Praise for Declan Burke: “Burke shows again that he’s not just a comic genius, but also a fine dramatic writer and storyteller.” – Booklist. “Proust meets Chandler over a pint of Guinness.” – Spectator. “Among the most memorable books of the year, of any genre.” – Sunday Times. “A hardboiled delight.” – Guardian. “Imagine Donald Westlake and Richard Stark collaborating on a screwball noir.” – Kirkus Reviews. “A cross between Raymond Chandler and Flann O’Brien.” – John Banville.

Sunday, February 21, 2010

Gonz, Baby, Gonz

A strange old week, folks. First off, heartfelt thanks to everyone who left a comment on the post below, and those of you who got in touch privately, promising to pledge money should I decide to go ahead and self-publish BAD FOR GOOD / A GONZO NOIR. The reaction was, for me, phenomenal: I’d have been delighted with twenty or so responses, and over the moon with thirty. To achieve more than double that gives me serious pause for thought, especially as so many people made multiple pledges (or pledged for multiple books). What began as a whimsical notion is now a practical option. But there’s more to it than hard cash. For someone struggling to have themselves heard, as most writers seem to be, that kind of support is literally invaluable.
  What I need to do now is spend some time researching the project meticulously, ensuring my figures are right, investigating the amount of time and energy the project will consume, and – most importantly – ensuring that there’s no possible glitch that could result in someone making a pledge and not receiving a book.
  I also need to take on board more experienced voices than I, some of whom have cautioned against the amount of work involved in self-publishing, which will by necessity eat into my own writing time; some have very kindly suggested that BAD FOR GOOD / A GONZO NOIR is too good to ‘waste’ on self-publishing; while others have stated in no uncertain terms that self-publishing at this point in my ‘career’ (koff) would prove hugely detrimental in the long term. Now, I’m not sure how much more detrimental a self-published book could be when compared with no published books at all, but the advice was well-intentioned and has been accepted as such. I’ll keep you all posted as to how it’s panning out; and again, many thanks for all the support.
  Meanwhile, in a not-unrelated matter, John McFetridge has taken my tentative suggestion about starting up a writers’ co-op and given it legs. In fact, he’s started a writer’s co-op, established a website, and already there seems to be a real buzz building around it. Seems to me that the real gonzo noir could well be coming together as we speak; I’ll be getting behind the project 100%. For more details, clickety-click here
  Finally, I got an early look at ‘The Girl With the Dragon Tattoo’ movie this week. I’m one of the very few people, apparently, who wasn’t overly impressed with the novel (I didn’t make it past page 120), but I tried to set that aside for the duration of the movie. What struck me most forcibly about it was how quaint it all seemed, if not old-fashioned: the wealthy industrialist Vanger commissioning Blomkist to investigate the disappearance of his niece was in effect the opening chapter of THE BIG SLEEP; the island where the disappearance took place has only one bridge in or out, making it a locked-room mystery; at one point, Blomkvist is called into a drawing room before the extended Vanger family, and I half-expected the (Nazi) Col. Mustard to be denounced as the killer, the foul deed taking place in the library, with a spanner. Apparently Stieg Larsson dotted the novel with references to Agatha Christie and Dorothy L. Sayers, et al, which suggests that the book is intended as an homage to the Golden Age of mystery writing; that’s all very well and good, but it hardly makes for cutting-edge fiction, nor movie. Michael Nyqvist, playing Blomkvist, is a terrific actor, and acquits himself very well, but I found it hard to believe in the chemistry between he and Lisbeth Salander; indeed, I found the character of Salander entirely artificial, an impenetrable and unlovely IT idiot savant given sullenness, body piercing and chain-smoking in lieu of any real rebellion. For a movie that runs almost two and a half hours (quite long for a movie thriller), there’s precious little by way of depth of characterisation; meanwhile, the most interesting aspect of the story, the establishment of a pro-Nazi organisation in neutral Sweden during WWII, was given only a cursory nod, just enough to taint the bad guys with evil. The story also suffers from the usual faults associated with the gifted amateur sleuth: despite the fact that the local cop has spent 40 years obsessing on the disappearance of Vanger’s niece, for example, Blomkvist finds a new lead almost immediately on taking the case; and it still makes no sense that an obscenely wealthy man, who could afford any investigator on the planet, would choose to employ a man whose name has been very publicly disgraced for getting his facts wrong. As for the more modern aspects of the movie: there’s a nasty and graphic scene involving Salander that leaves a bad taste in the mouth, all the more so that it’s unnecessary in terms of establishing character; and there’s far too much emphasis (not to mention trust) placed on the internet as a source of ‘clues’ whenever the story needs to be shunted along.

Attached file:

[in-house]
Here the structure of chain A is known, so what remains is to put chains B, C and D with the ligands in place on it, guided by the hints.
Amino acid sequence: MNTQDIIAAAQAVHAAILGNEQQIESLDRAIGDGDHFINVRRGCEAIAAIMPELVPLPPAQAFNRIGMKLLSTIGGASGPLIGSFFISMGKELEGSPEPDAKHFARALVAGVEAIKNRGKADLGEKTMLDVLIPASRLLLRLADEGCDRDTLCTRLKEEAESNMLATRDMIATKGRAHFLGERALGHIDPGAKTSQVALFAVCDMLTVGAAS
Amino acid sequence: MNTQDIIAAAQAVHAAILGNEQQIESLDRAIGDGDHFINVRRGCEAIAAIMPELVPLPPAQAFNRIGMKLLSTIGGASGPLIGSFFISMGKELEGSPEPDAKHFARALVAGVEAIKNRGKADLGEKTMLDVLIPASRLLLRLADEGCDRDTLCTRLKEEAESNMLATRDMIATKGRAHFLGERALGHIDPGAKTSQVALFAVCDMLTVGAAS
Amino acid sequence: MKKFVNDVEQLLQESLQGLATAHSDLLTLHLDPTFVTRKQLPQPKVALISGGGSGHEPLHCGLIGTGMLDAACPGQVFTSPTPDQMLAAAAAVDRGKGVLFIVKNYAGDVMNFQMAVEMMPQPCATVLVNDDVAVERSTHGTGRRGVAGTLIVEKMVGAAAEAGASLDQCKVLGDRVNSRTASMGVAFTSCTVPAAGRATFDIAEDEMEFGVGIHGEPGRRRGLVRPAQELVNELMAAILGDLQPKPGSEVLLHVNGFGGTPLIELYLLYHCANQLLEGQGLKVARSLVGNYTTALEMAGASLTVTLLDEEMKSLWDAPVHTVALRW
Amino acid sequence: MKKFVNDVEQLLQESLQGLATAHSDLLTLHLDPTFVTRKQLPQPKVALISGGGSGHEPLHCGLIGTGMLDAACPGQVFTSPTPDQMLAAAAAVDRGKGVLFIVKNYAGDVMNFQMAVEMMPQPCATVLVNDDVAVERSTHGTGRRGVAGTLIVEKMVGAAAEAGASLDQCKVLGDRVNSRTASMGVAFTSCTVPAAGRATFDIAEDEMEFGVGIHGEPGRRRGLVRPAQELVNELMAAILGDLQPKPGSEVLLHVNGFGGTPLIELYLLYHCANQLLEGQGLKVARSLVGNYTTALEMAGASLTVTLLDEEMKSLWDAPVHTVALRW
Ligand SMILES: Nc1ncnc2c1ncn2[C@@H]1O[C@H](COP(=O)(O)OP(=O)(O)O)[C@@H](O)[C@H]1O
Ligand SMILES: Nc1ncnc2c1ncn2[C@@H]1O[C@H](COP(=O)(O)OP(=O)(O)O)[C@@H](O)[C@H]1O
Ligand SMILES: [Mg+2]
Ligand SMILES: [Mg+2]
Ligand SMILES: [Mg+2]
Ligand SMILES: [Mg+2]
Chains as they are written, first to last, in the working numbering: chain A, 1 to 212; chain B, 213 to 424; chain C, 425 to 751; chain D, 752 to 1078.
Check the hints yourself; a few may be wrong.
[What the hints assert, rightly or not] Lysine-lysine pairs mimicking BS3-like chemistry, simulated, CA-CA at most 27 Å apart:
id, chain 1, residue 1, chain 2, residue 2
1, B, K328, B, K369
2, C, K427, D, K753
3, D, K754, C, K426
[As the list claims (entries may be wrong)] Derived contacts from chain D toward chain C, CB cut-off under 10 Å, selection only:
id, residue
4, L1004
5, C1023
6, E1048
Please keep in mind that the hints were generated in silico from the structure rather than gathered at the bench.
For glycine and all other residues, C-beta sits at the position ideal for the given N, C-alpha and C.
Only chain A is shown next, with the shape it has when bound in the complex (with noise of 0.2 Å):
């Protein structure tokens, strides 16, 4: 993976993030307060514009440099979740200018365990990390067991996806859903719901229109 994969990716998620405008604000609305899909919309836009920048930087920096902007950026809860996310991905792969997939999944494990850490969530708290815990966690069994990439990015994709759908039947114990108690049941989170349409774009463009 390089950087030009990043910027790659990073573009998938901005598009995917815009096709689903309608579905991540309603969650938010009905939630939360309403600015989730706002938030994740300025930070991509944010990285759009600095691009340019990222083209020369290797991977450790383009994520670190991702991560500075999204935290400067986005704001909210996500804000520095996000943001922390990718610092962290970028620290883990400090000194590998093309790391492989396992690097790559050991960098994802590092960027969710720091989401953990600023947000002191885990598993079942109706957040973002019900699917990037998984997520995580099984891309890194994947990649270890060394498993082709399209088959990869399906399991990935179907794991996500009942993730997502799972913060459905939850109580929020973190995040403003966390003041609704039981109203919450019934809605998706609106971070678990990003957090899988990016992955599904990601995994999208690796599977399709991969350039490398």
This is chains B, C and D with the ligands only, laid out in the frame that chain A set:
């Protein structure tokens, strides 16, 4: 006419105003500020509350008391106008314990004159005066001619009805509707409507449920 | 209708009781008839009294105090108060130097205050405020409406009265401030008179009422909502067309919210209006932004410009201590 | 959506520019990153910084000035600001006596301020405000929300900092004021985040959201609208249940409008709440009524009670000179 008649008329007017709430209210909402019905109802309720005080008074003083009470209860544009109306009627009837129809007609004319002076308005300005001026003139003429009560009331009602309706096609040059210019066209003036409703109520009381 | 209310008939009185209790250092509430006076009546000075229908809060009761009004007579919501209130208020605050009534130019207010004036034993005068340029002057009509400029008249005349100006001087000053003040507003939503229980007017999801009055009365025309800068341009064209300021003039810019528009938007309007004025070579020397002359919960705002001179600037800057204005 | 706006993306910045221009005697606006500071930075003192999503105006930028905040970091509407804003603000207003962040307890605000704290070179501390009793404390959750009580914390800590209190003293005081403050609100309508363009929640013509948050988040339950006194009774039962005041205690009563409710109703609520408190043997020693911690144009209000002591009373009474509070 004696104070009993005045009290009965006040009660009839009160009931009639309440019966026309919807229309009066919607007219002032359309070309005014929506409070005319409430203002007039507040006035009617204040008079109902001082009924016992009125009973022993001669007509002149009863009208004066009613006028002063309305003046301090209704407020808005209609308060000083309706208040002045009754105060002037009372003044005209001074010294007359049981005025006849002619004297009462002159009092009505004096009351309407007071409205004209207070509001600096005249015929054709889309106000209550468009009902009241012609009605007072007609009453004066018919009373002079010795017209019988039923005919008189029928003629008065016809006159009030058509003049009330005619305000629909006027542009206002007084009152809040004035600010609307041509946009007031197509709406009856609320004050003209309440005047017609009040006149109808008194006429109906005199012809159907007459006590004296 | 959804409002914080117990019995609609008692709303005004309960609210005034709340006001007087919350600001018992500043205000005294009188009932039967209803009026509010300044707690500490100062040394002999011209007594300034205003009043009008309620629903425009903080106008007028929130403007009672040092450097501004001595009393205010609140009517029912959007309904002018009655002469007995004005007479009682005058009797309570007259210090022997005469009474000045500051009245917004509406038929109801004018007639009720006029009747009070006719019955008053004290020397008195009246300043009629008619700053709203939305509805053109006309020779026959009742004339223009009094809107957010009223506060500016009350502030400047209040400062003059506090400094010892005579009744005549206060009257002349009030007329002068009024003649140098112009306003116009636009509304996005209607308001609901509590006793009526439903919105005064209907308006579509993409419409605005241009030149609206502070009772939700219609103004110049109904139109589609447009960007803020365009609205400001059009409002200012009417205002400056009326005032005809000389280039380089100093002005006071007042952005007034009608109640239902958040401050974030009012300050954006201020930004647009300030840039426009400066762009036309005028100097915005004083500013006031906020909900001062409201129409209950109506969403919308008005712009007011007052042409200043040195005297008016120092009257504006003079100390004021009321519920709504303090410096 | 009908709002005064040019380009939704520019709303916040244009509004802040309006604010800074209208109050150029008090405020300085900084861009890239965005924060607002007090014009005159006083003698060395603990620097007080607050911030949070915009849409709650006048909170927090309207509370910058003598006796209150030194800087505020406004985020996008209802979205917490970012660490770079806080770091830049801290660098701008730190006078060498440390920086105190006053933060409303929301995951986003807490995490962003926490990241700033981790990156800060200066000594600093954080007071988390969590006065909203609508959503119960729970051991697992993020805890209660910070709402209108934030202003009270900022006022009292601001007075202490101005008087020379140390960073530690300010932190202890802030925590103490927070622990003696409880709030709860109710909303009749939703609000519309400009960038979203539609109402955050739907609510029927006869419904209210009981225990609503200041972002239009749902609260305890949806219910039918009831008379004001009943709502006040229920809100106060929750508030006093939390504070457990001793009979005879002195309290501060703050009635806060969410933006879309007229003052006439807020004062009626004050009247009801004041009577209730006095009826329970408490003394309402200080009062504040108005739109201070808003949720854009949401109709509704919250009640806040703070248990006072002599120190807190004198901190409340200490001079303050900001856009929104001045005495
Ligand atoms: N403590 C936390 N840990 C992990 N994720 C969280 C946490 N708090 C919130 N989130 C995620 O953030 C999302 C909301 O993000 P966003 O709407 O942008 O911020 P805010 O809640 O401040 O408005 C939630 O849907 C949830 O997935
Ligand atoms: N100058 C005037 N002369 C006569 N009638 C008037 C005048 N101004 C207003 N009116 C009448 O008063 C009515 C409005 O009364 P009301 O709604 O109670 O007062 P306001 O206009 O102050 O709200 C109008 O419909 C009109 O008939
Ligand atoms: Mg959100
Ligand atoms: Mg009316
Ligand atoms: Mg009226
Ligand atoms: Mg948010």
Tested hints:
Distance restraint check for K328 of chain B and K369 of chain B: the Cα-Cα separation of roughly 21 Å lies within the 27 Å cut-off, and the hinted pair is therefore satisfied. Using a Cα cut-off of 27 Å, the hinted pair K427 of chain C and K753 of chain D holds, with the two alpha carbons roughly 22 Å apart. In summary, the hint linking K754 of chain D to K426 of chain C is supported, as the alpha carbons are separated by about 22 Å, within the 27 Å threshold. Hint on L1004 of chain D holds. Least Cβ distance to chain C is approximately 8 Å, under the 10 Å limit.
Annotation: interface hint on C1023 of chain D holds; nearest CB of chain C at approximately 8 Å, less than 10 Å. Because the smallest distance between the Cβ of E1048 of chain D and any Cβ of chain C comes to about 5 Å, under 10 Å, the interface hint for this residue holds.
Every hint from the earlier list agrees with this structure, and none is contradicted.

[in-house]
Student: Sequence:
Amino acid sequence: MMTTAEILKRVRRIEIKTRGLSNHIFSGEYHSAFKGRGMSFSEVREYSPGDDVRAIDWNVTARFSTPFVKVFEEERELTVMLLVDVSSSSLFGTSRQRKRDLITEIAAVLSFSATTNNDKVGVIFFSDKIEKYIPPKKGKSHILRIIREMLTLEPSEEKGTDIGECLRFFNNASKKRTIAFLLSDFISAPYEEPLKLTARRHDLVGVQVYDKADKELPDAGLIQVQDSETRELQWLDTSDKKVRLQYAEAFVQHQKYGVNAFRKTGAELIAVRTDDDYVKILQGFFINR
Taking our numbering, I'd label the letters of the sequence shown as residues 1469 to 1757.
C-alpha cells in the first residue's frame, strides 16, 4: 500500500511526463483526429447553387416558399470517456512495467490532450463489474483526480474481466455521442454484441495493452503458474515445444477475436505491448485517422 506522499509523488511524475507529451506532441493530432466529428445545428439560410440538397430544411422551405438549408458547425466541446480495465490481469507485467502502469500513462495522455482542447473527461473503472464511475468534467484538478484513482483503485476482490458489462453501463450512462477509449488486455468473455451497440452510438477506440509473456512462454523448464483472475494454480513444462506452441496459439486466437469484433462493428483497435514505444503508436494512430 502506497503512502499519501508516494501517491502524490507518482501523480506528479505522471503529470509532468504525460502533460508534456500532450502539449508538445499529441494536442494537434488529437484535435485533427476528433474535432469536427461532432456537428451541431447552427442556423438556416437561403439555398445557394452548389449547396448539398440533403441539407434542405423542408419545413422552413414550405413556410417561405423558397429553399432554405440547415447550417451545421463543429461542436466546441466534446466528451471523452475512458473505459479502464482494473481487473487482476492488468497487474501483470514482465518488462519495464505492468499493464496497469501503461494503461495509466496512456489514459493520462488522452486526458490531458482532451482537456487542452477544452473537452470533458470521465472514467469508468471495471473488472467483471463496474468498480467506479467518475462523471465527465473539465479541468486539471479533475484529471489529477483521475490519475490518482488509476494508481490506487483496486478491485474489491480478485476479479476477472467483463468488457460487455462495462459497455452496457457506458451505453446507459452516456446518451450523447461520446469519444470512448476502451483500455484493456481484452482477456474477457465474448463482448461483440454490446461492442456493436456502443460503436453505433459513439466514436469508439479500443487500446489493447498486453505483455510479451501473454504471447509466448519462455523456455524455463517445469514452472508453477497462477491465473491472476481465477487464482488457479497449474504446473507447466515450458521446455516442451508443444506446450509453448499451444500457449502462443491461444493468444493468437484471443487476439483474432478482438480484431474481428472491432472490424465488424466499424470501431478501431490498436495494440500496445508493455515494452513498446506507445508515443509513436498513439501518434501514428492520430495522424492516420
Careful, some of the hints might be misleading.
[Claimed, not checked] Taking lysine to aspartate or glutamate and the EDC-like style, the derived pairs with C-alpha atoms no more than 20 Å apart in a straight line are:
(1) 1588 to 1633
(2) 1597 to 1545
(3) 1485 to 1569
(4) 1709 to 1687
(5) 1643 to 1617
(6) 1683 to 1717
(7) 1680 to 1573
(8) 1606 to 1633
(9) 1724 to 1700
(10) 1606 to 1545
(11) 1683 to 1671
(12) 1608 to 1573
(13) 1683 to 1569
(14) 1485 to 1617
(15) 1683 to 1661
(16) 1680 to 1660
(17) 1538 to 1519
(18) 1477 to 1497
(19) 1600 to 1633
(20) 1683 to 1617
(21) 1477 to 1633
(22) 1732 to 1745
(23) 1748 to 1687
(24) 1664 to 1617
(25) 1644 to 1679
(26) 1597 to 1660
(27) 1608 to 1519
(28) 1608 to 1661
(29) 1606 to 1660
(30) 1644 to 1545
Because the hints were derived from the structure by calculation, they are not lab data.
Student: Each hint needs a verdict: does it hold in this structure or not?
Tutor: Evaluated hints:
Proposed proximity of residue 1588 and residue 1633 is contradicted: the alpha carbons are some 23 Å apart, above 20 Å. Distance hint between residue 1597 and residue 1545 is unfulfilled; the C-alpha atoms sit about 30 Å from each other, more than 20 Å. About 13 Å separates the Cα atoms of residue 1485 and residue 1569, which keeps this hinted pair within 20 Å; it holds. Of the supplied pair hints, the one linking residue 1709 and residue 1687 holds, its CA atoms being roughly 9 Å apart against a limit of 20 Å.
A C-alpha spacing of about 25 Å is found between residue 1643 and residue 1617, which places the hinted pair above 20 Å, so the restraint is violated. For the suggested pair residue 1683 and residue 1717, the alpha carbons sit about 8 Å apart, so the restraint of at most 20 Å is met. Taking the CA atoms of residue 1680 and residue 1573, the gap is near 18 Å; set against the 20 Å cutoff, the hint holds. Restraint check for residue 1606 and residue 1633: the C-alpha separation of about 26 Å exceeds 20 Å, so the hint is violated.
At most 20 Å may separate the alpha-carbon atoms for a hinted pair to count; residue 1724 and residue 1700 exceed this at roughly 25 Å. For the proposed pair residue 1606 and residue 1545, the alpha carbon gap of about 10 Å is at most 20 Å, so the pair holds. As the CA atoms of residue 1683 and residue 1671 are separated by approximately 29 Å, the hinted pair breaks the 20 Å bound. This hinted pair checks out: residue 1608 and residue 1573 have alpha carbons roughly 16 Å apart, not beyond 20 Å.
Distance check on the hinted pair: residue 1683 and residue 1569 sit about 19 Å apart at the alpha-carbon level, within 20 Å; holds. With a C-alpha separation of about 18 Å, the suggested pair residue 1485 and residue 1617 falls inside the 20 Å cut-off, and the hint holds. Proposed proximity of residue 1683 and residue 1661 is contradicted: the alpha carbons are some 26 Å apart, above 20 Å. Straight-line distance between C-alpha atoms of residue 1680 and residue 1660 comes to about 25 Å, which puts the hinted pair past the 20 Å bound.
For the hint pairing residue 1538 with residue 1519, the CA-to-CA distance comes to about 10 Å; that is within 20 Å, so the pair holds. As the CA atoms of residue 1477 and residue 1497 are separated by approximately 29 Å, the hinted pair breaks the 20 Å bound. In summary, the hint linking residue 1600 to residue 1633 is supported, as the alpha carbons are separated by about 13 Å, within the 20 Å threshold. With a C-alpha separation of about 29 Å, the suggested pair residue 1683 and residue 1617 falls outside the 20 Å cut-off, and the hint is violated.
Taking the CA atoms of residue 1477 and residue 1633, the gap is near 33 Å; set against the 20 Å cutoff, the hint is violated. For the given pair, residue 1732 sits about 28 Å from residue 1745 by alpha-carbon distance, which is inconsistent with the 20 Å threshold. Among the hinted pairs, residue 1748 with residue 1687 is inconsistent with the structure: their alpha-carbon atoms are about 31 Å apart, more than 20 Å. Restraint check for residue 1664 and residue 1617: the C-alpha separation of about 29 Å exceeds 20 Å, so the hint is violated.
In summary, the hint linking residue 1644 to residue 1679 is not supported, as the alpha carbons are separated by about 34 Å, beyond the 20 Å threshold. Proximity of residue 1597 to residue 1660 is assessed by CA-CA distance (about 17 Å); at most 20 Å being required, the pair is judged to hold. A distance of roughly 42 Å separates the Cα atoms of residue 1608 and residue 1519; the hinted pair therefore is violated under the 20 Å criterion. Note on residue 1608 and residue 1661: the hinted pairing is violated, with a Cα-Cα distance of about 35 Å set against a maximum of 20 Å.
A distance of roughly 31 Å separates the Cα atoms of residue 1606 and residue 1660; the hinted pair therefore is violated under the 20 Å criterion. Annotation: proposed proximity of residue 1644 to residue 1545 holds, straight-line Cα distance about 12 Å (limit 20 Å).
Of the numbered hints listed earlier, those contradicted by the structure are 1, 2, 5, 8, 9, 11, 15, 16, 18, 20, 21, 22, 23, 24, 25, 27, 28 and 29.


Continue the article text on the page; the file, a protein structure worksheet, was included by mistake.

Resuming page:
And that’s my two cents.

  This week I have been mostly reading: CLOUD ATLAS by David Mitchell (superb); THE MERCHANT OF VENICE by William Shakespeare; NAMING THE BONES by Louise Welch; and EARTH IN UPHEAVAL by Immanuel Velikovsky.